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7 urban trends Toronto must resist in 2013

On the last day of 2012, urbanism blog Atlantic Cities published a list of worldwide city trends it hopes will not last another year. At a glance, several of the activities on the naughty list seem to apply directly to Toronto; casinos, tacky marketing schemes, and large-scale sports development for a single, grand event.

OK, so I'm a little biased towards forever banishing most of these trends to a black portfolio somewhere in a leaky storage container in the basement of city hall. Anyway, let's hear your thoughts in the comment thread below.


According to urbanist Richard Florida, "politicians and cities see [casinos] as economy boosters, but often the social costs outweigh the economic benefit." Right now, a cluster of gaming companies are flirting with the city for a potentially lucrative deal to build a downtown complex. I'm willing to bet any casino will be a hideous turd on the city whoever builds it so this one is firmly in the reject pile.


In July 2011, the TTC approved a new ad contract with Pattison Outdoor Advertising that laid the ground work for the sale of naming rights to subway stations. Commercial advertisers are apparently frowned upon so Ryerson University was one of the first to express a real interest in renaming Dundas station. Its location next to the stop might have made it a little more palatable - the proposal seems to have died - but this is a trend that really should vanish before something horrendous, like McDonald's Spadina or St. Coca-Cola station, happens.


According to the Atlantic Cities, elevated, heated, and brightly painted bike lanes are being proposed in various cities around the world, and this is a problem because it focus on style over practicality. In Toronto it's hard to scorn any new bike lane, whatever form it takes, if it means making the roads safer. Who knows - maybe an ambitious project will help us find some sensible middle ground.


The original list cites the Olympics as the prime example, but Toronto and the GTA could also be heading for trouble with development ahead of the 2015 Pan Am Games. Milton is getting a world-class velodrome, Markham is building a pool complex, and U of T is working on a new high-performance sports centre. Here's hoping that these venues serve some real practical use once the games are over. In Hamilton, the replacement for Ivor Wynne Stadium will host the Tiger-Cats once Pan Am soccer wraps up.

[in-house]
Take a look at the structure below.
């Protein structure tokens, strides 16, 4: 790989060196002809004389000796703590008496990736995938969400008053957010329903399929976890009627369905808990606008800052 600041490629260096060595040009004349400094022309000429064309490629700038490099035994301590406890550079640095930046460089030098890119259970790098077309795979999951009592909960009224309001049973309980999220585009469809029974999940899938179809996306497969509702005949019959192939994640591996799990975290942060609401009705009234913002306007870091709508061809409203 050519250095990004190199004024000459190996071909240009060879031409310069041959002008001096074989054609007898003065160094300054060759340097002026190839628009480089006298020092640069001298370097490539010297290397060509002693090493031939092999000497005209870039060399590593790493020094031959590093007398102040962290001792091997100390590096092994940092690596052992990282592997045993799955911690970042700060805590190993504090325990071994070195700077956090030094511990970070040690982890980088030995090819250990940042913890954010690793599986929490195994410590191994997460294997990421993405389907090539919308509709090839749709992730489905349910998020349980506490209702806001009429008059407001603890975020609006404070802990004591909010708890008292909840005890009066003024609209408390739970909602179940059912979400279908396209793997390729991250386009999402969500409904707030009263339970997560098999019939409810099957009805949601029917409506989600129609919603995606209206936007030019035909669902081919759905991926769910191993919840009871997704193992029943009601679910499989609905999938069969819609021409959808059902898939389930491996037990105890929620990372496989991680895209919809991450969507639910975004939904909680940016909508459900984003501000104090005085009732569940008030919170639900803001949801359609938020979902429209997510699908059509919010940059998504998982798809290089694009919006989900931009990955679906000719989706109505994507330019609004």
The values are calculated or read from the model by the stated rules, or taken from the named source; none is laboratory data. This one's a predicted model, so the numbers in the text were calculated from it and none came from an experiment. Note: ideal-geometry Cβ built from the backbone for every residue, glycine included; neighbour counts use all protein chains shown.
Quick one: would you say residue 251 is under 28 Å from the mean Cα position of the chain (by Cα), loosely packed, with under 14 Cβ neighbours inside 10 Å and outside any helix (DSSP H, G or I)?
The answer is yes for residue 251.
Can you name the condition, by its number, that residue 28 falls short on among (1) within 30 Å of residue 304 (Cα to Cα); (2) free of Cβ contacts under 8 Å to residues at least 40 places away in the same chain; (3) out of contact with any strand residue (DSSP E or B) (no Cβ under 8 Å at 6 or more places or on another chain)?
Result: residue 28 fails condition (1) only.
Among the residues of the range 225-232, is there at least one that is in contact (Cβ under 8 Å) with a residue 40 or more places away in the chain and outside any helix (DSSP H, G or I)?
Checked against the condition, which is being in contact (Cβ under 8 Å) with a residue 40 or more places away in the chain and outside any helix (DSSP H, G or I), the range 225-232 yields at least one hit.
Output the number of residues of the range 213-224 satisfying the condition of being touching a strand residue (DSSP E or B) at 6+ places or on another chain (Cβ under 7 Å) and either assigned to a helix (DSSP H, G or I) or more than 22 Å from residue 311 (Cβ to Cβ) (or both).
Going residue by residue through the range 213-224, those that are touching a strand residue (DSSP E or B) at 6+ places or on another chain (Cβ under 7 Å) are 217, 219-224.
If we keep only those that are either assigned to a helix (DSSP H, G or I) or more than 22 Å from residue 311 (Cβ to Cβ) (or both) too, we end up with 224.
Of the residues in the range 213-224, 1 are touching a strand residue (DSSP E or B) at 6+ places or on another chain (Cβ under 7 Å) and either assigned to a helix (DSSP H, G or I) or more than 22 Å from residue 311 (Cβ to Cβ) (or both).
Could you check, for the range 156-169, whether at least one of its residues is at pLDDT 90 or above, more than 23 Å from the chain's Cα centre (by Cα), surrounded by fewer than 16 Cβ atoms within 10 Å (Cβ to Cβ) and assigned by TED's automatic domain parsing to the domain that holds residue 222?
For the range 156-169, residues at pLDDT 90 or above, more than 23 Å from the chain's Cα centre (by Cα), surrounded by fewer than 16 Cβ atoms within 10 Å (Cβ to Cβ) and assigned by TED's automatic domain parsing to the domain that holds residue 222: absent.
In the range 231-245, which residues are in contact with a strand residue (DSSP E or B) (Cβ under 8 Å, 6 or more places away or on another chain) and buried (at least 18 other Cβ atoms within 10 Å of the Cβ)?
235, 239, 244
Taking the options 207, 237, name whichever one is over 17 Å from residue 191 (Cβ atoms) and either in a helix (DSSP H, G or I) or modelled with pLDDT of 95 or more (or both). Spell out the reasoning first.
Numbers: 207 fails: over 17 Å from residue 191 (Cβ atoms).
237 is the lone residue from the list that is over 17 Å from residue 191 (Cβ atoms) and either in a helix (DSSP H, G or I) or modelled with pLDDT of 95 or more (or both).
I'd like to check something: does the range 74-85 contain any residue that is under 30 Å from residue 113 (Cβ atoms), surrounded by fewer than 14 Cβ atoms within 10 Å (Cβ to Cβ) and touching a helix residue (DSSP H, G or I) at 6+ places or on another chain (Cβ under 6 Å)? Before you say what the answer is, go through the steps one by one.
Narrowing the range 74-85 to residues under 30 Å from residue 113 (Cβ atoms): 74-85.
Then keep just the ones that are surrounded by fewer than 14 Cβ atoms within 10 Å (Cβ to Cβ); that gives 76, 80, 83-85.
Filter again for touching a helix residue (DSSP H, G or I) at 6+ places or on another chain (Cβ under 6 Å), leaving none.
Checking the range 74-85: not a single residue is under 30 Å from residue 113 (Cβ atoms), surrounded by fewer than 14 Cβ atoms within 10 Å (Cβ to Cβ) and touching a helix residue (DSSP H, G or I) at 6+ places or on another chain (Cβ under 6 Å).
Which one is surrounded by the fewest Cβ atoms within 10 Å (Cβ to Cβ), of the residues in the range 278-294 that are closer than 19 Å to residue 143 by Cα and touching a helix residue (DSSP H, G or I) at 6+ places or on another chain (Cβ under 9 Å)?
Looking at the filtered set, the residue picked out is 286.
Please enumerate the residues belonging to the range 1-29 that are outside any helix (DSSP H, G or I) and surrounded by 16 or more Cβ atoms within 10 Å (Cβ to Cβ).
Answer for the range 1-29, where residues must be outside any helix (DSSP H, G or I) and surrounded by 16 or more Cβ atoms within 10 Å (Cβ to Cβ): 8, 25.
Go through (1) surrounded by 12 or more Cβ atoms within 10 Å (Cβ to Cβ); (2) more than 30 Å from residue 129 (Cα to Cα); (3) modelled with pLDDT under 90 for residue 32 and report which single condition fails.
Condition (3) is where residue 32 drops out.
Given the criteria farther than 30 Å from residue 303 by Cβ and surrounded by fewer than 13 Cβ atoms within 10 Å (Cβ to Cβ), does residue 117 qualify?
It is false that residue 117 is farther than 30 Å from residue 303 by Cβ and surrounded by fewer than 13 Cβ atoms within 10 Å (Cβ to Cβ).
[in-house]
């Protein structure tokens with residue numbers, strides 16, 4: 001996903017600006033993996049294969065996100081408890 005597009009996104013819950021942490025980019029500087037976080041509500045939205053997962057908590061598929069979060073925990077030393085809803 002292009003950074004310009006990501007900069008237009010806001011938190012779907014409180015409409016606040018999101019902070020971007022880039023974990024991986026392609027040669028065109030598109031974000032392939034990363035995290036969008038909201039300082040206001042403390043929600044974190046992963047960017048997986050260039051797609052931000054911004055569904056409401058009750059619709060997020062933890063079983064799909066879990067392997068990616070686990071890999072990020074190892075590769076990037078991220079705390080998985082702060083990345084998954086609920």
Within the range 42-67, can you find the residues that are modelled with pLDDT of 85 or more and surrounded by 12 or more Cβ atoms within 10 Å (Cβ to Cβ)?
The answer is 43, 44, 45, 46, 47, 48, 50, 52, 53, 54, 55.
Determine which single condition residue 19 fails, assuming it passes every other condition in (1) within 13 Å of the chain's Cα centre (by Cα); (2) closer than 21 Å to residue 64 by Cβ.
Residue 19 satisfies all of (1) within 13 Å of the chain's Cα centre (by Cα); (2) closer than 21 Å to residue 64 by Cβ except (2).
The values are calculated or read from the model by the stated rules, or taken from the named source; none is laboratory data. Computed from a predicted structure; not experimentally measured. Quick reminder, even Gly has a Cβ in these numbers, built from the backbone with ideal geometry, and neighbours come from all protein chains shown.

Recent years in Toronto have been marked by disputes between users of various modes of transportation: cars vs. bikes, bikes vs. pedestrians, streetcars vs. cars, etc. That needs to stop if this city is going to ever provide a sustainable and efficient way of moving everybody where they need to go, and back again. Writer Emily Badger describes the partisan disputes in other cities (it's not just us!) as resembling "warring Balkan tribes." It's time for a truce, guys.


They're delicious, they're fun, but quite why Toronto isn't willing to make it easier for food trucks to operate in the city is baffling. It's not just us; Columbus, Ohio is leisurely working on new laws for its 150 food trucks over concerns about where the vehicles are allowed to park. It can't be that hard to work this out, can it? Afterall, the National Post recently predicted mobile eats to be one of this year's big food trends.


Plastic bags were out, then they weren't. Transit City was dead, then it wasn't. The Jarvis bike lanes survived then vanished. This year let's make the right decision the first time around and stick to it. Sadly, this is the one resolution that most likely won't come true.

Chris Bateman is a staff writer at blogTO. Follow him on Twitter at @chrisbateman.

Photo: "in the lane" by 'Xander @416cyclestyle from the blogTO Flickr pool.

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